URBANA — An Arkansas man who showed up at his pretrial hearing Tuesday on weapons charges was arrested so he could post bond legitimately.

Edwin McCraney, 25, of West Memphis was one of about a dozen defendants for whom arrest warrants were issued last month after Champaign County jail officials learned that their bond had been posted through an online service using stolen credit-card information. He had been arrested by Rantoul police.

In the wake of that discovery, Sheriff Dustin Heuerman suspended the use of GovPay.com on March 20.

Heuerman said at the time there had been more than $25,000 in bail paid with the remote online option from suspected stolen credit-card information since the beginning of the year.

“We have seen an increase in fraudulent activity as of late and fear that as word of this spreads, more fraud will take place,” he said.

State’s Attorney Julia Rietz sought warrants for the arrests of those who had been released with money that came from the accounts of people whose credit-card information had been stolen.

Judge Tom Difanis signed those warrants, setting bond at the same amount as was set on the underlying criminal charges.

In McCraney’s case, he was charged with aggravated unlawful use of weapons and aggravated assault, Class 4 and Class A misdemeanor offenses, respectively, in connection with his Feb. 16 arrest by Rantoul police, and his bond was set at $10,000. He was told to be back in court for his first pretrial appearance Tuesday.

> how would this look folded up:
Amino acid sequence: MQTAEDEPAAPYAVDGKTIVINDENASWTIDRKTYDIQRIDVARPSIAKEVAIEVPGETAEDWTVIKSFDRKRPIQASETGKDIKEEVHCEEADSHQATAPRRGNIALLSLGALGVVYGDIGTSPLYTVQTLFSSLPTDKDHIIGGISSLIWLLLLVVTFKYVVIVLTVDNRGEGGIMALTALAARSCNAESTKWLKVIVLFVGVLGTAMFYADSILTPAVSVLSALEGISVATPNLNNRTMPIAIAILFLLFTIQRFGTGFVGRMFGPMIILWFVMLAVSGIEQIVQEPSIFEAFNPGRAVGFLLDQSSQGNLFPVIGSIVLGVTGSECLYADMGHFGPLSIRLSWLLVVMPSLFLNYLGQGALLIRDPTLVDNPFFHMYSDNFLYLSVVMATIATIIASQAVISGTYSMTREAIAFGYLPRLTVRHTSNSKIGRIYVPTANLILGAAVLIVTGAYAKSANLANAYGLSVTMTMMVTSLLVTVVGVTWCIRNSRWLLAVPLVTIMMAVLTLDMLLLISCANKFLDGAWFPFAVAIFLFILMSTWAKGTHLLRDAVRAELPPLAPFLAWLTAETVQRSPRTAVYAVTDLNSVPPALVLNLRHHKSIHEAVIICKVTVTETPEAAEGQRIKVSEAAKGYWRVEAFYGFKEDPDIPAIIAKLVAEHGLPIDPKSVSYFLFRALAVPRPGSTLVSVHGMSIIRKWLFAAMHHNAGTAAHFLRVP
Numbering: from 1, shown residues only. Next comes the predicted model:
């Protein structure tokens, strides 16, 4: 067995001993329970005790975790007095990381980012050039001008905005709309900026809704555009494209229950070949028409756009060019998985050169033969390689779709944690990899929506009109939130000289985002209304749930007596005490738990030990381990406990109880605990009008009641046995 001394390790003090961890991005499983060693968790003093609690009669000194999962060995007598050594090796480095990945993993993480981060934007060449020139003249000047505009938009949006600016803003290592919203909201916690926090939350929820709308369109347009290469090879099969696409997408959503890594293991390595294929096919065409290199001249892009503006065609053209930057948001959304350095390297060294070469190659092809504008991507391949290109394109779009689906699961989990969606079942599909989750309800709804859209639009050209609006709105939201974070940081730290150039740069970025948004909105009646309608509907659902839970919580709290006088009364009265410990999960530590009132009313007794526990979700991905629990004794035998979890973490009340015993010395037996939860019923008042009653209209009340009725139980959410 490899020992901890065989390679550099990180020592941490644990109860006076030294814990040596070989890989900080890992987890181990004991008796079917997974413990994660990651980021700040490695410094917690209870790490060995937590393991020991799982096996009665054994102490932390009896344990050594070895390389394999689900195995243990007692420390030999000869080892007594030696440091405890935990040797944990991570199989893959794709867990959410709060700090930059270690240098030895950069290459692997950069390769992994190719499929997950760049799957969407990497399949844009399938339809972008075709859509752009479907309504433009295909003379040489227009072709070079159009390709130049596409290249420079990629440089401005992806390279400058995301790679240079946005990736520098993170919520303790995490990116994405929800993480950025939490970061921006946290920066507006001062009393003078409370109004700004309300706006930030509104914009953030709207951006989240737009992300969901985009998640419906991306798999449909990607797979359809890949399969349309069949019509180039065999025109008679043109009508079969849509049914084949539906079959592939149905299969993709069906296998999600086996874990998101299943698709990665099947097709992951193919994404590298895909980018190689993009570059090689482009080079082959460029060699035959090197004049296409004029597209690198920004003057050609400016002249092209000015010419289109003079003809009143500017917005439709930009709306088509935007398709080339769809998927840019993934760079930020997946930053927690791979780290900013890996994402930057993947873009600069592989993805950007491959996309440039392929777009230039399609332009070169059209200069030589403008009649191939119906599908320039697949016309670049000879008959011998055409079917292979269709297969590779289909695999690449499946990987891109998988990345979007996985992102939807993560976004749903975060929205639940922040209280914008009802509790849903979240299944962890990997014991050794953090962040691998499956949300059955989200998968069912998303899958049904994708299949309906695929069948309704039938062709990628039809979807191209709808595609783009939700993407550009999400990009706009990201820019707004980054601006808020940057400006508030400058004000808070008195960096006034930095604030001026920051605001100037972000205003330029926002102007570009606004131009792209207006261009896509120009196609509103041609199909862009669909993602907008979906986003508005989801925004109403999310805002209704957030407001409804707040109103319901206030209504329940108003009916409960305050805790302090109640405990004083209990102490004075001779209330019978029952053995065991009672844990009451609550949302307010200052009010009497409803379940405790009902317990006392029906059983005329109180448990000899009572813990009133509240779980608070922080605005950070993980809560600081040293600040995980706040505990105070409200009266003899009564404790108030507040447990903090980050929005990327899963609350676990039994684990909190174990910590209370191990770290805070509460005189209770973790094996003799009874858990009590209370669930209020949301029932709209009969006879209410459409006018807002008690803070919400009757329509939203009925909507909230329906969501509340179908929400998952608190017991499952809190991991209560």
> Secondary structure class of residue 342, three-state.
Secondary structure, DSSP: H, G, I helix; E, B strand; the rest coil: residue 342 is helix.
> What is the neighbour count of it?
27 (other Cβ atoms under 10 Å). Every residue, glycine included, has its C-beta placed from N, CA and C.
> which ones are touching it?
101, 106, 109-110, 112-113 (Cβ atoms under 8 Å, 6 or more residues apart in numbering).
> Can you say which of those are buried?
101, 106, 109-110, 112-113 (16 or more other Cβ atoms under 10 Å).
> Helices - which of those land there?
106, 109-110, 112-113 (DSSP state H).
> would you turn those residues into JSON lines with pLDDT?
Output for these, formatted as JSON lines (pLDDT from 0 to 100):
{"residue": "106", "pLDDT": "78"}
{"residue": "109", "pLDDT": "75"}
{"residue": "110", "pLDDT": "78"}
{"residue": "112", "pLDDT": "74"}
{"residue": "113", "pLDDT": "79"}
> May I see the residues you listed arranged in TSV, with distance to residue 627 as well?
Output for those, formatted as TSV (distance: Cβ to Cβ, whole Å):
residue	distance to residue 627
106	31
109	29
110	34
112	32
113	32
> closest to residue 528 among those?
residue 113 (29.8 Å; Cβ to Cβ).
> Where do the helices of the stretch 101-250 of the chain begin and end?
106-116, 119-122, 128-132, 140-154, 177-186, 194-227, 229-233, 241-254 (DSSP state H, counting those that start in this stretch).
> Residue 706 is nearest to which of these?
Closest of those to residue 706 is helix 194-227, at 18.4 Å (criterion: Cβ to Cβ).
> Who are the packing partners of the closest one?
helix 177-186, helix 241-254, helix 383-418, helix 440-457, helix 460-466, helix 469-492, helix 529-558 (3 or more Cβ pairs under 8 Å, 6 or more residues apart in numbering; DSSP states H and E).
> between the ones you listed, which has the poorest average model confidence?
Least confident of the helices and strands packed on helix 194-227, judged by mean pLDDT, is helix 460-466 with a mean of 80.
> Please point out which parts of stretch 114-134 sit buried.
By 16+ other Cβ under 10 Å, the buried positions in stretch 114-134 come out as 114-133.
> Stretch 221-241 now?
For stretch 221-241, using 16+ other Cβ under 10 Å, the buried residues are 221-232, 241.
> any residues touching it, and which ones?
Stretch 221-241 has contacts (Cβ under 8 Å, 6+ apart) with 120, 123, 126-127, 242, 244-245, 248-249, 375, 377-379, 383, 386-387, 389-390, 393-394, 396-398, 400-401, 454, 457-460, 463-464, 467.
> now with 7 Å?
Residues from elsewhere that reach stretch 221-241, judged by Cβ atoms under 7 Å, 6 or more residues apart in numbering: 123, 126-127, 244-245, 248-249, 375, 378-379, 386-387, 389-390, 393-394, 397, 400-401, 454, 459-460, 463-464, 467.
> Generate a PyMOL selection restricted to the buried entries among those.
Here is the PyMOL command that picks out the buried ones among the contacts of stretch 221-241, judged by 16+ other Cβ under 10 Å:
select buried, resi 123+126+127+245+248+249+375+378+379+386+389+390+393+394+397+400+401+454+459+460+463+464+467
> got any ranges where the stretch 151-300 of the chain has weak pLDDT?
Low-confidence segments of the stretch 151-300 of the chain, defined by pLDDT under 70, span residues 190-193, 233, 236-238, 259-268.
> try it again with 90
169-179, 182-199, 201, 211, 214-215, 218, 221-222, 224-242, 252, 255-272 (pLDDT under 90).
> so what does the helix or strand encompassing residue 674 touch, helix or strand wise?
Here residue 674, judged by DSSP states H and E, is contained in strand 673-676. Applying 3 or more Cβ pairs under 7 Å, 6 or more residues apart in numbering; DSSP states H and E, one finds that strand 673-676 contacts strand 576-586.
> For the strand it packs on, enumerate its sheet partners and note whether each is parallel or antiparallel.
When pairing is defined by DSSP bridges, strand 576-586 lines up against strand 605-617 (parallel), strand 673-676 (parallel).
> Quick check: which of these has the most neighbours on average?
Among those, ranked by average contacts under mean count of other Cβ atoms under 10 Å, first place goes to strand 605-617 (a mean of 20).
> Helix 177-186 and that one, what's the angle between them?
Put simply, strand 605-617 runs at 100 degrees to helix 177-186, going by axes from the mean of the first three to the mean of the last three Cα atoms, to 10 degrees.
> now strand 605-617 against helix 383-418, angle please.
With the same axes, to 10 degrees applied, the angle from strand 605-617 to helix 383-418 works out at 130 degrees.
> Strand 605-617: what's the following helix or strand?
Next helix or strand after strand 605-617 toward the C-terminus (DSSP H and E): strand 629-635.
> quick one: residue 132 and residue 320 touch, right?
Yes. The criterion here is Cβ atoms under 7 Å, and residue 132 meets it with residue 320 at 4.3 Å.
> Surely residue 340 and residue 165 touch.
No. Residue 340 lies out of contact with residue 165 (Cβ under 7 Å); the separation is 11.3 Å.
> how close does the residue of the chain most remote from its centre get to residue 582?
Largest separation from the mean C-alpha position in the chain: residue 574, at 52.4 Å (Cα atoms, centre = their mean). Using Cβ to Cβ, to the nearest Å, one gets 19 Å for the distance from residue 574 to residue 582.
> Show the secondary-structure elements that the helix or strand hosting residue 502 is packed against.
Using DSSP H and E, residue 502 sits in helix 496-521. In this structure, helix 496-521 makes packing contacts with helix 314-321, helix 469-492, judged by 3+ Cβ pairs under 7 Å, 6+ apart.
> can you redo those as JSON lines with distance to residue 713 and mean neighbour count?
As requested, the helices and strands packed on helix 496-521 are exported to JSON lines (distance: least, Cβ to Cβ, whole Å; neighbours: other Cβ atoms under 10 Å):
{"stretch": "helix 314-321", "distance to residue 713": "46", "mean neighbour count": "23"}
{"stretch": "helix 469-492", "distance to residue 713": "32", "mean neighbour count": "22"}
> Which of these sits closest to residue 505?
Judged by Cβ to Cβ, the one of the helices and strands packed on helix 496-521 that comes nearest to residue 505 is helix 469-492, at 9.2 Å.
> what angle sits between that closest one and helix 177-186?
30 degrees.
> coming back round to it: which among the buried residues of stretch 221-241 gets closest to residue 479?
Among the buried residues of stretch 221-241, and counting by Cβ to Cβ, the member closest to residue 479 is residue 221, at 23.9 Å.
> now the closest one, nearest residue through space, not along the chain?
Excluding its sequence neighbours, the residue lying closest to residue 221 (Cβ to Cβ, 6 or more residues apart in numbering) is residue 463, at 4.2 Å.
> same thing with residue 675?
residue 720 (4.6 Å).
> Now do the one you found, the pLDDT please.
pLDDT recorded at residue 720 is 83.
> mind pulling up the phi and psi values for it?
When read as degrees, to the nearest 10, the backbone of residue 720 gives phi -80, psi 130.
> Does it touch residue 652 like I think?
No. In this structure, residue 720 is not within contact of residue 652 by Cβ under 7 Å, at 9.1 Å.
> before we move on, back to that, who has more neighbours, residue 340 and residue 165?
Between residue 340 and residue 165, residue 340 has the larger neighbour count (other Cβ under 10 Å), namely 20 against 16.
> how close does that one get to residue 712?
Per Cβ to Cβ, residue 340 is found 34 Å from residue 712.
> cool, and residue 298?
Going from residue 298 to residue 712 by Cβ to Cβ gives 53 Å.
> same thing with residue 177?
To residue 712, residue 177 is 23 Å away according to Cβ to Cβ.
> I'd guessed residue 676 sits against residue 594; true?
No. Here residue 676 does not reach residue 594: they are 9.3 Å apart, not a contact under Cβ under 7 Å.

Whoever posted the bond online for him put up $1,034 to win his release Feb. 25. Two days later, GovPay notified the county that the bond had been posted with stolen credit-card information and the money was refunded to the rightful owner.

Assistant State’s Attorney Chris McCallum said the rightful credit-card holder lives in Pennsylvania and had no connection to McCraney.

Heuerman said he’s heard no complaints from anyone about the suspension of the GovPay service.

Credit cards may still be used to post bond, but they have to be presented in person at the jail by the poster. Cash and money orders are also acceptable forms of bond, he said.